# XORARRAY - Editorial

Author: Ritul Kumar Singh
Testers: Nishank Suresh, Satyam
Editorialist: Nishank Suresh

2897

# PREREQUISITES:

Binary search or 2-pointers

# PROBLEM:

You have an array A of distinct elements. You can choose an integer X and set A_i \gets A_i \oplus X for every 1 \leq i \leq N.

If X is chosen optimally, what is the maximum possible length of the longest increasing subarray of the final array?

# EXPLANATION:

We want the longest increasing subarray, so let’s look at some specific subarray and see where that gets us.
Suppose we want to make the subarray [A_L, A_{L+1}, \ldots, A_R] increasing. Then, it’s enough to choose X so that A_L \lt A_{L+1}, A_{L+1} \lt A_{L+2}, \ldots, A_{R-1} \lt A_R.
That is, we only really care about adjacent elements: making them increasing automatically makes the subarray as a whole increasing.

So, let’s look at adjacent elements A_i and A_{i+1}. Suppose we make A_i \lt A_{i+1} after xor-ing with X. What sort of restrictions would this put on X?

Note that only the highest differing bit between A_i and A_{i+1} matters, since this is what determines when one binary number is larger than another.
So, let k be the highest differing bit between A_i and A_{i+1} (for example, the highest differing bit between 4 = 100_2 and 5 = 101_2 is 0 (2^0 = 1), and the highest differing bit between 4 = 100_2 and 7 = 111_2 is 1 (2^1 = 2)).

• If A_i \lt A_{i+1} originally, then the k-th bit is set in A_{i+1} and not in A_i. Any X we choose must have the k-th bit unset to preserve this inequality.
• If A_i \gt A_{i+1} originally, then the k-th bit is set in A_{i} and not in A_{i+1}. Any X we choose must have the k-th bit set to reverse this inequality.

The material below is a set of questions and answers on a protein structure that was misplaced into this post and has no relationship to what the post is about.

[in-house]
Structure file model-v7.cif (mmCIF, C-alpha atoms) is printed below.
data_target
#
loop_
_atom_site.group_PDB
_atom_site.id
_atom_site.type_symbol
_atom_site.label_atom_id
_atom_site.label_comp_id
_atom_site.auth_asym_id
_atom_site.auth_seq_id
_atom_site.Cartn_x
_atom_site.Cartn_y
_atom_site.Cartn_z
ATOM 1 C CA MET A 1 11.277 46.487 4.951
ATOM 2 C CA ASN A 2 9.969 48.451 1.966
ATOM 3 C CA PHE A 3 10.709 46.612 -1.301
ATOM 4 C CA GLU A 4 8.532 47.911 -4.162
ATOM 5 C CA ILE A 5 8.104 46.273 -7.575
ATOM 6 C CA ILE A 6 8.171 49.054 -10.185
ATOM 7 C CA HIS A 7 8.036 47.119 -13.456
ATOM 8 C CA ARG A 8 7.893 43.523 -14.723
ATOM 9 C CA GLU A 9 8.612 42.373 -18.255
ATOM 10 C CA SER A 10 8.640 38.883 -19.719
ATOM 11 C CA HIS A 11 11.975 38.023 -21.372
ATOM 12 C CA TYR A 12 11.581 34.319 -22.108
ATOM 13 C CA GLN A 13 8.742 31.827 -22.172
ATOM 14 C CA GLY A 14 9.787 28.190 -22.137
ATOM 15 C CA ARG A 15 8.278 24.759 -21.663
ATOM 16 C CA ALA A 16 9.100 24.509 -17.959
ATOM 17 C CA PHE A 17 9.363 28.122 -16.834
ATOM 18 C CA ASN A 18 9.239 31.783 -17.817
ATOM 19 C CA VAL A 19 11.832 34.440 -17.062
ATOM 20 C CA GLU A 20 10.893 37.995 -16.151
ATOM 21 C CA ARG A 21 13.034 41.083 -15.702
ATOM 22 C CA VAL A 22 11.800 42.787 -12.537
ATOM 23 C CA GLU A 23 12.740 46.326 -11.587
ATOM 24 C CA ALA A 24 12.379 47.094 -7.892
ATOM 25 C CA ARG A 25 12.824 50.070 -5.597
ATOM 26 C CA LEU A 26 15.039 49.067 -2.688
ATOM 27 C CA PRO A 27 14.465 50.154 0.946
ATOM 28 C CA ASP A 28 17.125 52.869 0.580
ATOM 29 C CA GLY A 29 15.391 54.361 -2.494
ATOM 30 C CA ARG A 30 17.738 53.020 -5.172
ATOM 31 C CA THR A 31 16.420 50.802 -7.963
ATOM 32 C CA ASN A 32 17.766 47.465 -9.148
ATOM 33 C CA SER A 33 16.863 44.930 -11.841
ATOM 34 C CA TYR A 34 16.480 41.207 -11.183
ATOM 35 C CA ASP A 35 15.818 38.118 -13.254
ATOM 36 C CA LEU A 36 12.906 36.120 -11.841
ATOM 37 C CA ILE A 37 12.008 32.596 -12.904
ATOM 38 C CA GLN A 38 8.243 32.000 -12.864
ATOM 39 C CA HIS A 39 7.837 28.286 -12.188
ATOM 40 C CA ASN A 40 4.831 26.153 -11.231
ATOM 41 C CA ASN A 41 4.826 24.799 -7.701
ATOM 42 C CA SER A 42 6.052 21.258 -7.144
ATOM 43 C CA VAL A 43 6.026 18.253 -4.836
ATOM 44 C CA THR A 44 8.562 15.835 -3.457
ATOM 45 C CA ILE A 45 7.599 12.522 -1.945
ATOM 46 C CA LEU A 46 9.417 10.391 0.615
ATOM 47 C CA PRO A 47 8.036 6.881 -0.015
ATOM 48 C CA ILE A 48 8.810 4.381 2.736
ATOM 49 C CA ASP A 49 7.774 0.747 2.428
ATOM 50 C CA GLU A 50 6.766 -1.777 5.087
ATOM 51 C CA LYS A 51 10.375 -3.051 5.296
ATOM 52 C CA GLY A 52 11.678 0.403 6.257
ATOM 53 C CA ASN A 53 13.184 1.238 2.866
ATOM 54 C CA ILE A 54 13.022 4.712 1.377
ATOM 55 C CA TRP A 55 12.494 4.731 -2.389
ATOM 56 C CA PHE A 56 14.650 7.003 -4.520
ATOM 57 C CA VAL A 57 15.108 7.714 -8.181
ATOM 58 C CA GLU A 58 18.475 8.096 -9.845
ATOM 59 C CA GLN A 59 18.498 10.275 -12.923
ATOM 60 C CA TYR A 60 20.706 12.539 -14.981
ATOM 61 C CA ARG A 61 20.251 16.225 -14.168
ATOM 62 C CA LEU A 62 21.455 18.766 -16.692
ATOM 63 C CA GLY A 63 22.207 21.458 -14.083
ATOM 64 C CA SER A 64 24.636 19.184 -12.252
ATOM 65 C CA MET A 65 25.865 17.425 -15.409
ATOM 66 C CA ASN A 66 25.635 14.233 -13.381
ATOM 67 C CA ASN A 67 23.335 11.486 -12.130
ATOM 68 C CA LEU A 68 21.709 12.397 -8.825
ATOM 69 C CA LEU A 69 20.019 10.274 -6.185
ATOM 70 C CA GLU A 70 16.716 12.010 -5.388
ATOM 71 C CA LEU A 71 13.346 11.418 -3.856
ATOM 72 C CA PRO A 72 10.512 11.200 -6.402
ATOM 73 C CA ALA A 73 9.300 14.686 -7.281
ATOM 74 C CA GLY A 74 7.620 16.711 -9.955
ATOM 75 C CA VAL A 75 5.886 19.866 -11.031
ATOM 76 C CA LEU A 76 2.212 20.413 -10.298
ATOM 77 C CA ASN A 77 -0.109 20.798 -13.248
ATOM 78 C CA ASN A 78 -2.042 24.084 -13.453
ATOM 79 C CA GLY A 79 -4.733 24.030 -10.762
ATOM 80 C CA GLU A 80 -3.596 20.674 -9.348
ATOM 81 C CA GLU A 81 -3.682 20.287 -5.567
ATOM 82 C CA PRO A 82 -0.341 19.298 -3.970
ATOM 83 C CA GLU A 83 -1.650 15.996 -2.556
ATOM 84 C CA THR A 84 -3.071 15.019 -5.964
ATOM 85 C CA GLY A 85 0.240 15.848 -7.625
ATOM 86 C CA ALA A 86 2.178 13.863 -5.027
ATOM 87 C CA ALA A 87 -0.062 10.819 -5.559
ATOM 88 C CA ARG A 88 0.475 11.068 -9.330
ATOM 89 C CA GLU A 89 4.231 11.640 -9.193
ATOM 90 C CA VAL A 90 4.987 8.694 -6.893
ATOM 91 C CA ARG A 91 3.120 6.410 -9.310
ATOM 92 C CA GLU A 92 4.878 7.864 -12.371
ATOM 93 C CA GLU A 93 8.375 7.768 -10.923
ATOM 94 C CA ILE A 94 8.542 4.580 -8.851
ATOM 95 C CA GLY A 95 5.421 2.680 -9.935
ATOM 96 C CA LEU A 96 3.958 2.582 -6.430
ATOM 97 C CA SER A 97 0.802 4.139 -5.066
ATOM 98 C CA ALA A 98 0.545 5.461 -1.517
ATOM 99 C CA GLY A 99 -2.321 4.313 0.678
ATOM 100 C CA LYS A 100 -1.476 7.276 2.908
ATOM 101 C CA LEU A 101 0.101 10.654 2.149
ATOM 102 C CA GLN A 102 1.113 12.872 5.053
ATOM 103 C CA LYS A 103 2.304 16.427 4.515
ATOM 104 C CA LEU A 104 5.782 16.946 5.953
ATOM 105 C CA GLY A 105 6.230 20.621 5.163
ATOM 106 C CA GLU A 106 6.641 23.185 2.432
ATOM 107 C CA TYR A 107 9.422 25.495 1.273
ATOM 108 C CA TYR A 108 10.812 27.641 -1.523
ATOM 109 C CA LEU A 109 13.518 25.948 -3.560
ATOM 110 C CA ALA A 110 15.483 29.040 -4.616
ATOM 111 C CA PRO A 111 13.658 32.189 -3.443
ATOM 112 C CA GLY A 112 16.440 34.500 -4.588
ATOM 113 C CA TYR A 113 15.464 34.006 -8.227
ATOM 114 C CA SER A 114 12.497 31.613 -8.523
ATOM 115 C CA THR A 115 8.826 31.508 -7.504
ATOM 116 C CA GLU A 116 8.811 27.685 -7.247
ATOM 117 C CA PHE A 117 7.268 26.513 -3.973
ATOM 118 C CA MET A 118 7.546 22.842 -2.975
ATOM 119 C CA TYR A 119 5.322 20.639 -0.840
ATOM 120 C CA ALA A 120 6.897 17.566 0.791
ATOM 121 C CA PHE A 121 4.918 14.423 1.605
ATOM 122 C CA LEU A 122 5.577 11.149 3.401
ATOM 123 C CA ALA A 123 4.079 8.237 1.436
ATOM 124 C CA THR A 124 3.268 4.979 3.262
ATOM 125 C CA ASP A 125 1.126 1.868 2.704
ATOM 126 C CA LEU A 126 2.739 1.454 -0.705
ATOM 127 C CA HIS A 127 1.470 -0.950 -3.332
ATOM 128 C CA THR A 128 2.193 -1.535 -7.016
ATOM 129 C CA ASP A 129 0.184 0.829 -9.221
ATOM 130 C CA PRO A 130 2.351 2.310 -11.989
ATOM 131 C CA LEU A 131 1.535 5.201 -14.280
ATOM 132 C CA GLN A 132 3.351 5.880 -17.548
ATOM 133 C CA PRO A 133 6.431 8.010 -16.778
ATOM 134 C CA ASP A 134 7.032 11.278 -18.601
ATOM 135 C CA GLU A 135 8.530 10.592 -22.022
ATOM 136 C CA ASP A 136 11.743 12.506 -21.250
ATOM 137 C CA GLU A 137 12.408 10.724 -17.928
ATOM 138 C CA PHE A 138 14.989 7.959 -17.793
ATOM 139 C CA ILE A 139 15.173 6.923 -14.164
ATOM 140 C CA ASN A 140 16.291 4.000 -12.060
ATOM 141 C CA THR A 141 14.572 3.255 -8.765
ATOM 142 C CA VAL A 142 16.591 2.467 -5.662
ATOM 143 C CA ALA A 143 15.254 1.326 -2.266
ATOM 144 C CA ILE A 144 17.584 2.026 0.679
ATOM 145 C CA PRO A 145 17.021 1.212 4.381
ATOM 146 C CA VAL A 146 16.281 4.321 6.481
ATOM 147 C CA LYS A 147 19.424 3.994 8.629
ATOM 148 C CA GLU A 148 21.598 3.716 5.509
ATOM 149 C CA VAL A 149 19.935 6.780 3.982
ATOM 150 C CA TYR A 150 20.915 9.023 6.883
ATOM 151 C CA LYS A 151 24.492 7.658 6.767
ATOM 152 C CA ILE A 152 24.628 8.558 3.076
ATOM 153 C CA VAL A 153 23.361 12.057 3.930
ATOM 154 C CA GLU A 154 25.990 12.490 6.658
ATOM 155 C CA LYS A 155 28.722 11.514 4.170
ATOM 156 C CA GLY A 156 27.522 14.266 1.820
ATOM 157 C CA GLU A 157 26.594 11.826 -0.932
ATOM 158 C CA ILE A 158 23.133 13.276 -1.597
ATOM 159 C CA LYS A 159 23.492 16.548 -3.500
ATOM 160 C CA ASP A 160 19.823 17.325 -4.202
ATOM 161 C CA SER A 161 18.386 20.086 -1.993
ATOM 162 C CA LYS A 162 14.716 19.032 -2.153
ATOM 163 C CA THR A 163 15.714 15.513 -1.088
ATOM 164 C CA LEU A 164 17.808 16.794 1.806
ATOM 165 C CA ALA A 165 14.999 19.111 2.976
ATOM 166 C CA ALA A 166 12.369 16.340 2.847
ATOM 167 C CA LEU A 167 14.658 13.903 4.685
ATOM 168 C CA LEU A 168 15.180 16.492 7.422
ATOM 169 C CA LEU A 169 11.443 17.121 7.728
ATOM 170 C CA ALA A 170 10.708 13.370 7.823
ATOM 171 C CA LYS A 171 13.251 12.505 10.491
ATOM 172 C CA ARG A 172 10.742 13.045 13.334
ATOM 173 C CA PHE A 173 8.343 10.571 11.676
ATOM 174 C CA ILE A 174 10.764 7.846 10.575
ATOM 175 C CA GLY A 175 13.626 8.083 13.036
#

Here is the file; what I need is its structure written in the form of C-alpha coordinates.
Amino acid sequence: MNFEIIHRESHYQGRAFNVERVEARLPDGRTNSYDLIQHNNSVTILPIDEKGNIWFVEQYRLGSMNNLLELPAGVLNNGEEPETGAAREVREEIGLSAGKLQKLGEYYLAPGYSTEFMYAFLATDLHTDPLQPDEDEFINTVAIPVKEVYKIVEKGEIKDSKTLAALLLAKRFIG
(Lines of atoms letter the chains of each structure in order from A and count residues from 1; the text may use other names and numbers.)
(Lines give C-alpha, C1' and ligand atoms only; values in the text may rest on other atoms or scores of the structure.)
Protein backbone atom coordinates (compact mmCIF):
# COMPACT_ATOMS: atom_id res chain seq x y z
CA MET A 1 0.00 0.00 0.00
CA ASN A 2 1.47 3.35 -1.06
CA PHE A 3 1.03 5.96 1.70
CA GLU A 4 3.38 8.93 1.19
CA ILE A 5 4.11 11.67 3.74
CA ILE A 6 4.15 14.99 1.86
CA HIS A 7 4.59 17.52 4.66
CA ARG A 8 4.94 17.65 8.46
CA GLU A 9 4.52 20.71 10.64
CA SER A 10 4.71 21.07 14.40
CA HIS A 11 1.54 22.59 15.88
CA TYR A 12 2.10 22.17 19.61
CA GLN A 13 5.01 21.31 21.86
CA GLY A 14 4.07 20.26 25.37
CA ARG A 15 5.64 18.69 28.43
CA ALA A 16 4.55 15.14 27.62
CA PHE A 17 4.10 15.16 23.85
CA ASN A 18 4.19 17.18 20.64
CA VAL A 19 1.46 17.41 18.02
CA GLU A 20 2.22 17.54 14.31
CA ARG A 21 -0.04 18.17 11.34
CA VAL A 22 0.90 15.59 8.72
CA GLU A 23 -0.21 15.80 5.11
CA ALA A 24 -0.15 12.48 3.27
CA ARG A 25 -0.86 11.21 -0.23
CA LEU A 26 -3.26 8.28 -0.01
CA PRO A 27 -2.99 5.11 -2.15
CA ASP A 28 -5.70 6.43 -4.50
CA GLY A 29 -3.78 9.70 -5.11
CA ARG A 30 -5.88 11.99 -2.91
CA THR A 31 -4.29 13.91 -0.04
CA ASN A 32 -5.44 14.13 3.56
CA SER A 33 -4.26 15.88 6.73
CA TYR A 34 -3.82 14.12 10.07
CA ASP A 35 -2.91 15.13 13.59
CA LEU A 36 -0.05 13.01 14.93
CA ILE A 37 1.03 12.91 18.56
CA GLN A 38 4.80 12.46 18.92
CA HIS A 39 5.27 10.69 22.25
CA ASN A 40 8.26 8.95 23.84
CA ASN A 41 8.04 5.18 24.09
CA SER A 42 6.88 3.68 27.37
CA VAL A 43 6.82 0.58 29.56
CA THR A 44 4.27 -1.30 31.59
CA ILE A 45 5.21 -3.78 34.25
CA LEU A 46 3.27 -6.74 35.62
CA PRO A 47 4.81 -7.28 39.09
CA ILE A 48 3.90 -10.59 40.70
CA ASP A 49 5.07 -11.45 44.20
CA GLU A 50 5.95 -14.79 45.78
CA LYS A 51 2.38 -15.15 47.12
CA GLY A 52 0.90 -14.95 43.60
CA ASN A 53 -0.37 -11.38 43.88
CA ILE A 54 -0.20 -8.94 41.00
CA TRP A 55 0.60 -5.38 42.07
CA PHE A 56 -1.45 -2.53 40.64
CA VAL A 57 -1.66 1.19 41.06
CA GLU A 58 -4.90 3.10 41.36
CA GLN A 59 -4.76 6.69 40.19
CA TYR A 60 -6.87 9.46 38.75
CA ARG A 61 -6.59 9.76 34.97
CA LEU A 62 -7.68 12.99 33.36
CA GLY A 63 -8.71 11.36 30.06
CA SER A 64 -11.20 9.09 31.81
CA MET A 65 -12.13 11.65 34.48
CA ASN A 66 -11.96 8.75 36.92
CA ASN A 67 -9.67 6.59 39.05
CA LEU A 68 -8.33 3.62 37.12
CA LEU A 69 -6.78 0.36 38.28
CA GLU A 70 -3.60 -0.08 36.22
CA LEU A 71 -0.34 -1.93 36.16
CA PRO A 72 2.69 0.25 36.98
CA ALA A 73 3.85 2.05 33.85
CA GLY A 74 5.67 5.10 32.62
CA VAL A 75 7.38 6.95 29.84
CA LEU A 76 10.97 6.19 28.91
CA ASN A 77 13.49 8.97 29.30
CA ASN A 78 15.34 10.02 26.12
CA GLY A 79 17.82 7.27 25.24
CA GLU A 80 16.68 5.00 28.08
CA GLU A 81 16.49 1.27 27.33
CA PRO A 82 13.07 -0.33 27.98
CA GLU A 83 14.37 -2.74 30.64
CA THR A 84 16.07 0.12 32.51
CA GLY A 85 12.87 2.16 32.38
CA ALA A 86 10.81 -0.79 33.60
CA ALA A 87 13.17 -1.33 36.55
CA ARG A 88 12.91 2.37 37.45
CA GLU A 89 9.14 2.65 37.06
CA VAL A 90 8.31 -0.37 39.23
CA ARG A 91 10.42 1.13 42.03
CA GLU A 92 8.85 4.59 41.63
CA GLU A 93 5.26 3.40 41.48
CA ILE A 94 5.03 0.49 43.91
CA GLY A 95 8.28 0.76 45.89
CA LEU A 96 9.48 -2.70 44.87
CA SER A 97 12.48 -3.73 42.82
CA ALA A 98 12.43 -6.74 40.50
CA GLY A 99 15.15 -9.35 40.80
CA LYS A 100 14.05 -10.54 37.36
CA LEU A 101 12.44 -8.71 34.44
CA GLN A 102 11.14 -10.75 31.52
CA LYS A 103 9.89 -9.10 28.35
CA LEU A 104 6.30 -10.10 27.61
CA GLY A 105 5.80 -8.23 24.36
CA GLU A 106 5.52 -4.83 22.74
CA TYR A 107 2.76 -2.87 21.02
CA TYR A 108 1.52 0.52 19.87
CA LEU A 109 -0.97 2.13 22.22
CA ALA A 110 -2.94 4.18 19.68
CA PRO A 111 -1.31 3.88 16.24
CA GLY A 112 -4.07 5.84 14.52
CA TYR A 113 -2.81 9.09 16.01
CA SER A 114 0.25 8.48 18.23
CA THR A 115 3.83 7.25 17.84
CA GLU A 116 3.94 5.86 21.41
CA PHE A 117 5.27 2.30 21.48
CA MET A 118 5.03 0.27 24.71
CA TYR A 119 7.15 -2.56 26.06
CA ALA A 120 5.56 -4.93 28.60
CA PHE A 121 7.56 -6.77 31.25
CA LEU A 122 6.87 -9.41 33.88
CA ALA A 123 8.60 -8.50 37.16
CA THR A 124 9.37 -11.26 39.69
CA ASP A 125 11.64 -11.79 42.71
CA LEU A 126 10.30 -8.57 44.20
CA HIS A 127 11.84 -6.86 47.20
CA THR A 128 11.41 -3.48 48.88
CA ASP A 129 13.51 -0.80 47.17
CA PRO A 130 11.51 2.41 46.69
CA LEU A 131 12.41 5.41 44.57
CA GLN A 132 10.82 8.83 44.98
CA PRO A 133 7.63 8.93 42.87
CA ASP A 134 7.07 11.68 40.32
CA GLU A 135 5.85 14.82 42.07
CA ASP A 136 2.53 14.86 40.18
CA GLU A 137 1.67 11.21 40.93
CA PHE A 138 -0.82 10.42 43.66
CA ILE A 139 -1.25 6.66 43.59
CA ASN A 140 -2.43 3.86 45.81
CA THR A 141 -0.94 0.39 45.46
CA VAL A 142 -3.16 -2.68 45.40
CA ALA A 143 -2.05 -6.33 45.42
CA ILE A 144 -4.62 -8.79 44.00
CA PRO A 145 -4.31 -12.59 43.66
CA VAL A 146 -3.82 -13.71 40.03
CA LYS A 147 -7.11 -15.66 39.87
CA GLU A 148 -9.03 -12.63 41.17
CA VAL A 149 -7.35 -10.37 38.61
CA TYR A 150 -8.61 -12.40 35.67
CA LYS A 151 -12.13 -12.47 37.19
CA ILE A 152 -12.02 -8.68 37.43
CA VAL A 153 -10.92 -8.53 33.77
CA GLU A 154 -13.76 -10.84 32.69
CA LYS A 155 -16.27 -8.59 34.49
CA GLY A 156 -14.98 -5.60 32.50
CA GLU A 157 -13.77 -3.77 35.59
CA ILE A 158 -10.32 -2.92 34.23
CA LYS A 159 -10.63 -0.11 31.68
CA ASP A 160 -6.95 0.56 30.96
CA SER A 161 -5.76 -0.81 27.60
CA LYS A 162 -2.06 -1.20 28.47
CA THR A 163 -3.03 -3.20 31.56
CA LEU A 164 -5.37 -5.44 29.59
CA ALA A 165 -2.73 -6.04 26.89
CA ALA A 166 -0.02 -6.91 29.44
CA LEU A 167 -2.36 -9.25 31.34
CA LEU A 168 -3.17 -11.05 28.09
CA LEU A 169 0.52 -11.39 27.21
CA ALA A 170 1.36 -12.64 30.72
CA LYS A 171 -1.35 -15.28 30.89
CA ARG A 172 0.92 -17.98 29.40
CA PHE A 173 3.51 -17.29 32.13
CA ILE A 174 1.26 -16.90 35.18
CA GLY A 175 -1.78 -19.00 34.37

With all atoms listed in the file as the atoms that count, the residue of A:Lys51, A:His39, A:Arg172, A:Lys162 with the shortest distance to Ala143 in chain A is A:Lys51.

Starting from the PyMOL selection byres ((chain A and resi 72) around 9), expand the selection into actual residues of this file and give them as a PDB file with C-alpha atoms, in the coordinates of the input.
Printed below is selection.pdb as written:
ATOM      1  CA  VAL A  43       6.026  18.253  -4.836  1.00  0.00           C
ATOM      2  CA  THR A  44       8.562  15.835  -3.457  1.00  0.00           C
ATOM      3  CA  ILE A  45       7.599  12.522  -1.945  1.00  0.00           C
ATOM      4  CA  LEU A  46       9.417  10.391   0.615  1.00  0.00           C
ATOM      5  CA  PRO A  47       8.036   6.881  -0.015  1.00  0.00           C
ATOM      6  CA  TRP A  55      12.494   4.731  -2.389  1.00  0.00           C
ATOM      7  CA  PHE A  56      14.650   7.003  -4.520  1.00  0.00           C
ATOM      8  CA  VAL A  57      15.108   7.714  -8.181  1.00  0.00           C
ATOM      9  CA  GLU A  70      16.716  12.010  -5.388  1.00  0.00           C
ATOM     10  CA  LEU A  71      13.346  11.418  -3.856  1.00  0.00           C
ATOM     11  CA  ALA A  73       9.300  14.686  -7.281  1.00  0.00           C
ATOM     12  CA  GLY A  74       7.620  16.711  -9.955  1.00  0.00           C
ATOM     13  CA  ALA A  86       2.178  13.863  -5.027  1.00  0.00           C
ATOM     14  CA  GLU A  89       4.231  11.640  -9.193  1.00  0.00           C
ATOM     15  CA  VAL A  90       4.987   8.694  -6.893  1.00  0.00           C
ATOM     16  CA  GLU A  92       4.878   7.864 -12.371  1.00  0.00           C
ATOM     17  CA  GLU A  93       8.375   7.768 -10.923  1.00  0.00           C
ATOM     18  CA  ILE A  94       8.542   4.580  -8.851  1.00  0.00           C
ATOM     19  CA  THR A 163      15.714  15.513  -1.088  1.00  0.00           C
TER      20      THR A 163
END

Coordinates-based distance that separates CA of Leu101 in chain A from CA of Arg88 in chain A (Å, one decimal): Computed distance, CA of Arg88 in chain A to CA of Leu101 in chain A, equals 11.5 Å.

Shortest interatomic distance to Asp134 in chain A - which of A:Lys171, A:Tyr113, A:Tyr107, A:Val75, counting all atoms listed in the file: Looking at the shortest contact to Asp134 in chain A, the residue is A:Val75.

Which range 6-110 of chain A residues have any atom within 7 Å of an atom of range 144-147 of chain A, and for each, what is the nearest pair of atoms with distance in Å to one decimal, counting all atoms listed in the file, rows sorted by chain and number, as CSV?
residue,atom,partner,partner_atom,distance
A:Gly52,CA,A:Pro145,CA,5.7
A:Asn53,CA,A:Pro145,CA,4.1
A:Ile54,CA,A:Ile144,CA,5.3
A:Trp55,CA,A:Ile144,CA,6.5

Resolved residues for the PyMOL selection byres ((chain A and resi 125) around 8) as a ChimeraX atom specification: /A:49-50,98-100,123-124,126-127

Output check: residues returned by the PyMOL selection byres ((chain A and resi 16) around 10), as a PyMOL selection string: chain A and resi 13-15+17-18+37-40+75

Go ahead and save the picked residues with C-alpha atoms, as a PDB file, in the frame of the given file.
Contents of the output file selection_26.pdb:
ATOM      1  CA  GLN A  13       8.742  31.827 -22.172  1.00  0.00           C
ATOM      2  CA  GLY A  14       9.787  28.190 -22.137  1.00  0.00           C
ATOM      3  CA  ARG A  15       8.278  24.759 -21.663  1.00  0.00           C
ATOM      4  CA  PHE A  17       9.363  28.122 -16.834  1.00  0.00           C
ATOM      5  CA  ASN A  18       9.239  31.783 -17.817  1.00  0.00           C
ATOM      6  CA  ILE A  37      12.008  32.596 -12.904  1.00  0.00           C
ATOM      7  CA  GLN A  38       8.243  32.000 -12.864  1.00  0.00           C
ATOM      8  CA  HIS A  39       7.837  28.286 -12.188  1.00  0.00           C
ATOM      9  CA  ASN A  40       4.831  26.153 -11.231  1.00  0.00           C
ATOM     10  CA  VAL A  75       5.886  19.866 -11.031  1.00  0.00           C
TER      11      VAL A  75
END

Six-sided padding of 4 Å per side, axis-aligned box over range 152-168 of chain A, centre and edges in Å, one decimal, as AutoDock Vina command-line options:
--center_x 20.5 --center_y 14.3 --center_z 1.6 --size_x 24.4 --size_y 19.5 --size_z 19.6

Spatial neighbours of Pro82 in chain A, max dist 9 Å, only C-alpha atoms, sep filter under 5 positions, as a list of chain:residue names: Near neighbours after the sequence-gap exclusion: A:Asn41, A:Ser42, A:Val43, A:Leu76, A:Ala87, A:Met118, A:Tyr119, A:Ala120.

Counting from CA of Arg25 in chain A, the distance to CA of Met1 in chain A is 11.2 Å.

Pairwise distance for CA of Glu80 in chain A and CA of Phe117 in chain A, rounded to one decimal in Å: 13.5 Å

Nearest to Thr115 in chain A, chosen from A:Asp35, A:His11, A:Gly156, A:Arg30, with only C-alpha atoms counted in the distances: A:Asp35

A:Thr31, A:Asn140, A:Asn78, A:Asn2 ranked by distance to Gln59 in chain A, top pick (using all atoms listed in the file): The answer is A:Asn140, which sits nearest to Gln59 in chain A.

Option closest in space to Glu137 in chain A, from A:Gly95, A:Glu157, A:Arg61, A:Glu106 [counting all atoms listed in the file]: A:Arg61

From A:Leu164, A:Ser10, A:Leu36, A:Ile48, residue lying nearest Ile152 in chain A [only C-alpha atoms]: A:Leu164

The other bits in X can be anything, only this bit has a restriction.

So, let’s compute an array B of length N-1, where B_i denotes the type of restriction on X needed for A_i \lt A_{i+1} to hold. Computing B is easy to do: simply iterate across bits in descending order and find out when A_i and A_{i+1} differ.

Now, note that making an array [L, R] increasing is equivalent to saying that we consider all the restrictions B_L, B_{L+1}, \ldots, B_R, and there are no conflicts between them. A conflict here is a situation where, for some bit k, the restrictions tell us that it must be both on and off: this is clearly impossible.

So, let’s fix the left endpoint L. Then, let’s find the largest possible R such that there is no conflict between relations B_L, \ldots, B_{R-1}. The largest possible increasing subarray starting at L is then [L, R], with length R-L+1.
Doing this for every L and taking the maximum length across all of them will give us our answer.
However, this is an \mathcal{O}(N^2) algorithm: how do we improve it?

To speed this up, we notice that the optimal right endpoints form a non-decreasing function.
That is, if R_1 and R_2 are the optimal endpoints for L_1 and L_2 respectively, and L_1 \leq L_2, then R_1 \leq R_2.
This is easy to prove: simply note that if [L, R] has no conflicts, then [L+1, R] also has no conflicts.

This tells us that our algorithm can be optimized using a 2-pointer approach, as follows:

• Start at L = 1 and R = 1.
• Maintain a set S of the currently active restrictions.
• Then, repeat the following process:
• While [L, R+1] has no conflicts, increase R by 1.
• This is done by checking if the opposite restriction of B_R is currently in S or not.
• If R is increased, add B_R to S.
• Now we have the optimal R for this L. Set ans = \max(ans, R-L+1).
• Now, increase L by 1 but don’t change R. This is done by simply removing B_L from S.

S can be easily maintained using std::multiset or a similar data structure; it’s even possible to just use an array since the restrictions themselves are of small values.

# TIME COMPLEXITY

\mathcal{O}(N\log N) per test case.

# CODE:

Setter's code (C++)
#include <bits/stdc++.h>
using namespace std;
#define int int64_t
#define sp << ' ' <<
#define nl << '\n'

signed main() {
cin.tie(0)->sync_with_stdio(0);

int T; cin >> T;
while(T--) {
int N; cin >> N;

int A[N];
for(int &i : A) cin >> i;

for(int i = N; --i; )
A[i] = (A[i] < A[i-1] ? -1 : 1) * (64 - __builtin_clzll(A[i] ^ A[i-1]));

int ans = 1, _cnt[61] {}, *cnt = _cnt + 30, j = 1;

for(int i = 1; i < N; --cnt[A[i++]]) {